|Photography by Andrew Moore, Courtesy of
the Public Design Commission of the City of New York.
Tours are available on weekdays and are offered free of charge. To make a reservation, please fill out this online form or call (212) 788-2656.
To prepare for your visit, please view the Pre-visit Guide
One of the oldest continuously used City Halls in the nation that still houses its original governmental functions, New York's City Hall is considered one of the finest architectural achievements of its period. Constructed from 1803 to 1812, the building was an early expression of the City's cosmopolitanism. City Hall is a designated New York City landmark, and its rotunda is a designated interior landmark as well.
Built to accommodate a growing municipal government, the three-story building was the result of a hotly contested competition held in 1802. The winning team of Joseph François Mangin (fl. 1794-1818), a French émigré, and John McComb, Jr. (1763-1853), a New Yorker, designed the building in the Federal style, with clear French influences that can be seen in the large arched windows, delicate ornamental swags, and more decorative Corinthian- and Ionic-style columns s up to the one-story portico fronting the building. The roof of the portico, surrounded by a balustrade, forms a balcony outside the Governor's Room's five large arched windows. A cupola, topped by a copper statue of Justice, rises above the attic. The soaring rotunda dominates the interior, and is dramatically encircled by a keystone-cantilevered staircase. Ten Corinthian columns on the second floor support the coffered dome, which recalls the Pantheon in Rome.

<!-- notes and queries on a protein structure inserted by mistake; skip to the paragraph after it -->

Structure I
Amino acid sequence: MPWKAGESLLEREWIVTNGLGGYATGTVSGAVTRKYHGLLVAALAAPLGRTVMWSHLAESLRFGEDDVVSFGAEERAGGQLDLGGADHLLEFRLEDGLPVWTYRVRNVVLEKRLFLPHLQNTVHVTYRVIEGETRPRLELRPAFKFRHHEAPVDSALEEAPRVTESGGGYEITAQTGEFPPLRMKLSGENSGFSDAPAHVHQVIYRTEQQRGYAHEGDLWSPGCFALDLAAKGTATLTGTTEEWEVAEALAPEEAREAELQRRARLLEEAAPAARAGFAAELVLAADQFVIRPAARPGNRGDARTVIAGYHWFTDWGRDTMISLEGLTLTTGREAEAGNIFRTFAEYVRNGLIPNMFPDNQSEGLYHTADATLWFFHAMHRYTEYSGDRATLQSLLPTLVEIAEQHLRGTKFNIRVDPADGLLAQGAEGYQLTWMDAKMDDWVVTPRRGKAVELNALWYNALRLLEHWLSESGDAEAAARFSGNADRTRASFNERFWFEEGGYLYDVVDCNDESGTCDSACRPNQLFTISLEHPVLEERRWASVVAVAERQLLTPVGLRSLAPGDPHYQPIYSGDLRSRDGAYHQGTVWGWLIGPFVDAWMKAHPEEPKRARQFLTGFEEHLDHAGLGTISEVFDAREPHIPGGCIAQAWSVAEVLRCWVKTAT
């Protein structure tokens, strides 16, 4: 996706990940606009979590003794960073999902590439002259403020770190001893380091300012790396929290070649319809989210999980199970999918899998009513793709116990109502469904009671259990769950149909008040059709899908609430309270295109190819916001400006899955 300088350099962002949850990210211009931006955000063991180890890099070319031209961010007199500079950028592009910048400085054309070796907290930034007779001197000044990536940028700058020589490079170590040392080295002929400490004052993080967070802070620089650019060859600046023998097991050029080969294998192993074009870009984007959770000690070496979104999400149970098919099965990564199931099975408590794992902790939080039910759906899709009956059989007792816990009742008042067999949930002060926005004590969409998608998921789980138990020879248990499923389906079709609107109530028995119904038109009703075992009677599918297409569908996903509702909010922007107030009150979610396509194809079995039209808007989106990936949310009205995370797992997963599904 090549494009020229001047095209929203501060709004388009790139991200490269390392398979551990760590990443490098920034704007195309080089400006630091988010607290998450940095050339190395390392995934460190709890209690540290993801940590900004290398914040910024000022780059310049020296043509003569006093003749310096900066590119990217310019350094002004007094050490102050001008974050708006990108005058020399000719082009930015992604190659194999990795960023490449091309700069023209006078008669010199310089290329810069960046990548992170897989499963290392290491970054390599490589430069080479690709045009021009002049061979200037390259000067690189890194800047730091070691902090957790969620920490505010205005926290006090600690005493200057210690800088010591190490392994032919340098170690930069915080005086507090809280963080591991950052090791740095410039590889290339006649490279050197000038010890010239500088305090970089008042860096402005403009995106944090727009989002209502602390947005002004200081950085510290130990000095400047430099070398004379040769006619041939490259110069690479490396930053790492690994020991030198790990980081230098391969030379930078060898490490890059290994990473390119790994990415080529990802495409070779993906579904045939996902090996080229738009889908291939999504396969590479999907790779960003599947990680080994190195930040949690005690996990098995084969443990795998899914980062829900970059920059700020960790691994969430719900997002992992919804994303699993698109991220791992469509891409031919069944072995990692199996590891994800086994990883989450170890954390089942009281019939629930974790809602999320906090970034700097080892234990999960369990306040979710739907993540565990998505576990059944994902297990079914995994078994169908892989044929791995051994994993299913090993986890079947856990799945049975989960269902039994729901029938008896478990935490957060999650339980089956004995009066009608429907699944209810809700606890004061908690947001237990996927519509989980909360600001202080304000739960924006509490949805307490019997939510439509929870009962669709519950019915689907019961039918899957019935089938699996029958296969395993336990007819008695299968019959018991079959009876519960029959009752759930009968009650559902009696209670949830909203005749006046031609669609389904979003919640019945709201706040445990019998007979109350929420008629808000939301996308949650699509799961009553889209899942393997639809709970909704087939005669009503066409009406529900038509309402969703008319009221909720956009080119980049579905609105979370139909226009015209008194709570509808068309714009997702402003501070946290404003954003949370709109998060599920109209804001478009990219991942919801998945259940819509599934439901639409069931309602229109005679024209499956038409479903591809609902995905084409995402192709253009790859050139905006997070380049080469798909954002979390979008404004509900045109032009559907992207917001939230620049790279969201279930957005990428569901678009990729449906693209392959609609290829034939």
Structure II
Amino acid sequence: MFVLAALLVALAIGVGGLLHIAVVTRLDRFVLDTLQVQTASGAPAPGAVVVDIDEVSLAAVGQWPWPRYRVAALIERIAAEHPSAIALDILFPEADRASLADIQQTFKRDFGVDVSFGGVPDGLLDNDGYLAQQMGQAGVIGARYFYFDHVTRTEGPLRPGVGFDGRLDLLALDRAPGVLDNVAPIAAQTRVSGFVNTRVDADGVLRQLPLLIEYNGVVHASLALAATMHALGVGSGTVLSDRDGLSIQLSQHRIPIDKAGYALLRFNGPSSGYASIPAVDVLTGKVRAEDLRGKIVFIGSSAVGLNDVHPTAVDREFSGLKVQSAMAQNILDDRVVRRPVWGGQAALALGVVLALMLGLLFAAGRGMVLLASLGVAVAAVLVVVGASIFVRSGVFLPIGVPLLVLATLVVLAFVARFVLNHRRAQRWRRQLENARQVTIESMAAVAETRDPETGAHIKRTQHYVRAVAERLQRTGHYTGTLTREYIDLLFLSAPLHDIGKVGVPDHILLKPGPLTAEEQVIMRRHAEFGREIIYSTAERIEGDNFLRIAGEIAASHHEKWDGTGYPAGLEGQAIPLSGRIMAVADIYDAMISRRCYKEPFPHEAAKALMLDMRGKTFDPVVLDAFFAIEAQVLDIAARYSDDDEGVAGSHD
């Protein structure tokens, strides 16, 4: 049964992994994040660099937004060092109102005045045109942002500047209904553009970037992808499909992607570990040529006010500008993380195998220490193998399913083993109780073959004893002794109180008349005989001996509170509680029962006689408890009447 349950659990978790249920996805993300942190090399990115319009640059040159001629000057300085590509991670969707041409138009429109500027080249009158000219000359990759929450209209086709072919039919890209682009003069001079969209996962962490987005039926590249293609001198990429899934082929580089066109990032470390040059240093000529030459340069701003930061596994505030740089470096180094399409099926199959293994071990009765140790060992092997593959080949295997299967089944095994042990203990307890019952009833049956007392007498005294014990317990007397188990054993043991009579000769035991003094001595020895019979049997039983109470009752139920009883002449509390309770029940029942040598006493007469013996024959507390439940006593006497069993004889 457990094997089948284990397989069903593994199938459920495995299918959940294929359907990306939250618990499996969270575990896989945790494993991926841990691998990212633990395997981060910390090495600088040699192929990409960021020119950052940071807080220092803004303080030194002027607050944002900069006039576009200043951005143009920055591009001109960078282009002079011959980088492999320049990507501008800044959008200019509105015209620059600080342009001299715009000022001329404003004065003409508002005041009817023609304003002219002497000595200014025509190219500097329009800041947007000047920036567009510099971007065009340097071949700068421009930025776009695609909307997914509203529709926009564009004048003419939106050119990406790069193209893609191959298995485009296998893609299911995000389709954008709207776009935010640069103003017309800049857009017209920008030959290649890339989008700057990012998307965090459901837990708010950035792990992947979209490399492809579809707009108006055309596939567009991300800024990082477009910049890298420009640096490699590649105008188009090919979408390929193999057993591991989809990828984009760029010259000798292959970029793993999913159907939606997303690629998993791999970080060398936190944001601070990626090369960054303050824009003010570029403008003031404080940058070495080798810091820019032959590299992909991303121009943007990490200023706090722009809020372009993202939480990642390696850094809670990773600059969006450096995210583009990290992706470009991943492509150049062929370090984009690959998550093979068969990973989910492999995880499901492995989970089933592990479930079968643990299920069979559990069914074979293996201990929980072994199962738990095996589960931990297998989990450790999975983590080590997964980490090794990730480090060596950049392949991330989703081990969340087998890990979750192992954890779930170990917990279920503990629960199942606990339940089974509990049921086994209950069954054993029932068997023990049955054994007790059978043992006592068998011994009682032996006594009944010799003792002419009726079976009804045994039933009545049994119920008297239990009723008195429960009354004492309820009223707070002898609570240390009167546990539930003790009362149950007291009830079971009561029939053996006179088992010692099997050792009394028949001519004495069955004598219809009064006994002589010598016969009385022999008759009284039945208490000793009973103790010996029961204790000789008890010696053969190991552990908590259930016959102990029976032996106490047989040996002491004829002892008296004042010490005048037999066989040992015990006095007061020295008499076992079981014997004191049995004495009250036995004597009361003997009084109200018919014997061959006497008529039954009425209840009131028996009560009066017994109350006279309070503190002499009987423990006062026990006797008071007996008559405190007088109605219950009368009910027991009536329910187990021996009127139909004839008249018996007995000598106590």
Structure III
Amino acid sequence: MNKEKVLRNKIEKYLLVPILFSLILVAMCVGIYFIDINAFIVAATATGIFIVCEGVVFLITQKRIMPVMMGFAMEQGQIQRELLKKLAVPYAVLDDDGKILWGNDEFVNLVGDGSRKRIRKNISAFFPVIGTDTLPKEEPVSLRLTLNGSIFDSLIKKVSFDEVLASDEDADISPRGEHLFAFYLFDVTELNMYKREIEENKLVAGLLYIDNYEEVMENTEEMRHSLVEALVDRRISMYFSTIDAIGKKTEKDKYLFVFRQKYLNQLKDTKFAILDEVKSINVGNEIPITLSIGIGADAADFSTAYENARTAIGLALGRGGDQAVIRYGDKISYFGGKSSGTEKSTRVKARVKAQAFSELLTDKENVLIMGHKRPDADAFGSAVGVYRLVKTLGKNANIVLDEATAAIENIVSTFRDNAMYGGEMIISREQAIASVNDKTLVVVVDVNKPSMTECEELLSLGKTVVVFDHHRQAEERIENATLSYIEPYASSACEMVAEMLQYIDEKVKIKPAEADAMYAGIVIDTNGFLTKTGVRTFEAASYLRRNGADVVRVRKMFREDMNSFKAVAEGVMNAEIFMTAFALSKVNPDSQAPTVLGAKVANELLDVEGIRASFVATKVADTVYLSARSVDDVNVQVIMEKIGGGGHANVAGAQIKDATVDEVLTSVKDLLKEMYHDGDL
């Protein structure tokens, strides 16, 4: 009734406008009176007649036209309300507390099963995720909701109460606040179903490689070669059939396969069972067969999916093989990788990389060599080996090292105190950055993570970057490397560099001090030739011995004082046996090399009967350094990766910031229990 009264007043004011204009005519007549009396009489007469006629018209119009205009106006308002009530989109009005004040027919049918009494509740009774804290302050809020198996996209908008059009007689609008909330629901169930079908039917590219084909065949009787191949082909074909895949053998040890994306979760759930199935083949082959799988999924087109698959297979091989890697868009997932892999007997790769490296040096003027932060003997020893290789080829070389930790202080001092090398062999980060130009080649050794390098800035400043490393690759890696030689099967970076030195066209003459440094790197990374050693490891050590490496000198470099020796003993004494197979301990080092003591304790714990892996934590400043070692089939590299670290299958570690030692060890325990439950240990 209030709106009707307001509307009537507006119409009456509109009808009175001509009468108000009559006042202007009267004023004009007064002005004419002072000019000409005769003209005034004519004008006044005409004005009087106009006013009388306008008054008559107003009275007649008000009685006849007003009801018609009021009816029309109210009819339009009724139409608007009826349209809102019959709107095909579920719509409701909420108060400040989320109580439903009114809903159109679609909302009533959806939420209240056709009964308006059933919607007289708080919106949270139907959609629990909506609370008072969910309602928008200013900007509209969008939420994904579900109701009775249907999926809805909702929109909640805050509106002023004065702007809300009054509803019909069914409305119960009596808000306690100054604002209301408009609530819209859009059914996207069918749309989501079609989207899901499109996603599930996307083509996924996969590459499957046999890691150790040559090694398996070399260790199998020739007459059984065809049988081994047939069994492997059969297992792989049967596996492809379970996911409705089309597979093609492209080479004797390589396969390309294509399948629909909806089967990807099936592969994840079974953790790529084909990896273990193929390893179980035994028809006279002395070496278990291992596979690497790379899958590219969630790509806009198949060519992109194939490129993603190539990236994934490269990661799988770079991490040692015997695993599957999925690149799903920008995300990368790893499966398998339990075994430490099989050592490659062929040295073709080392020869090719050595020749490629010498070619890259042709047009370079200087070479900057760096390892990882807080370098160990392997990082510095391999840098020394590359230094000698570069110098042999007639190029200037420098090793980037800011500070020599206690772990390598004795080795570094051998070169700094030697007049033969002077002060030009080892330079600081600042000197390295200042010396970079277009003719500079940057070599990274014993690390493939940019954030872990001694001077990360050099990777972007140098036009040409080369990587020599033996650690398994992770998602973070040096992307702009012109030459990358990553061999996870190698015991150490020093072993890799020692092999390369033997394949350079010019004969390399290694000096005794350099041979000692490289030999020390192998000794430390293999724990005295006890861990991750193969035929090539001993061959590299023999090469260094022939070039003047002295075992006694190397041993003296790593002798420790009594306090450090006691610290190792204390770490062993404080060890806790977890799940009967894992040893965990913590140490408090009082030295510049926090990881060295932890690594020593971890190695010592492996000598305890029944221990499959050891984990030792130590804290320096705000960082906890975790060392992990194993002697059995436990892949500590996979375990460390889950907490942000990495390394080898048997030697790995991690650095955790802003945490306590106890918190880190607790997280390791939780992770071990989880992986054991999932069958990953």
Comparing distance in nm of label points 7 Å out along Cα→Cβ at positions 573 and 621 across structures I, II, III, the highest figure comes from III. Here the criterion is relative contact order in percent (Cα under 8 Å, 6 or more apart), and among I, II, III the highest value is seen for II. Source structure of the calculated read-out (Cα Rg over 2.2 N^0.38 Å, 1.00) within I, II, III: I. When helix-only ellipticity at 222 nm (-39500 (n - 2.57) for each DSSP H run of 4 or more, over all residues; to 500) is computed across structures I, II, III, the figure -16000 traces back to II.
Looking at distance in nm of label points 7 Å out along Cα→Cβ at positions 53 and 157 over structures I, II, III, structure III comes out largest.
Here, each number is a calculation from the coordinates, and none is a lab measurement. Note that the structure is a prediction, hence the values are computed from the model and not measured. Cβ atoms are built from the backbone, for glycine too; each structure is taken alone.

Since its completion in 1815-1816, the Governor's Room has served as a museum and reception room celebrating the civic history of New York and the nation. It houses one of the most important collections of 19th century American portraiture as well as historic furnishings, including pieces by Charles Christian and Honoré Lannuier, and other notable artifacts, such as George Washington's desk. Many distinguished guests have visited the Governor's Room, including the Marquis de Lafayette and Albert Einstein. The room hosted President-elect Abraham Lincoln in 1861, and then served as the backdrop for his coffin in 1865 as he lay in state.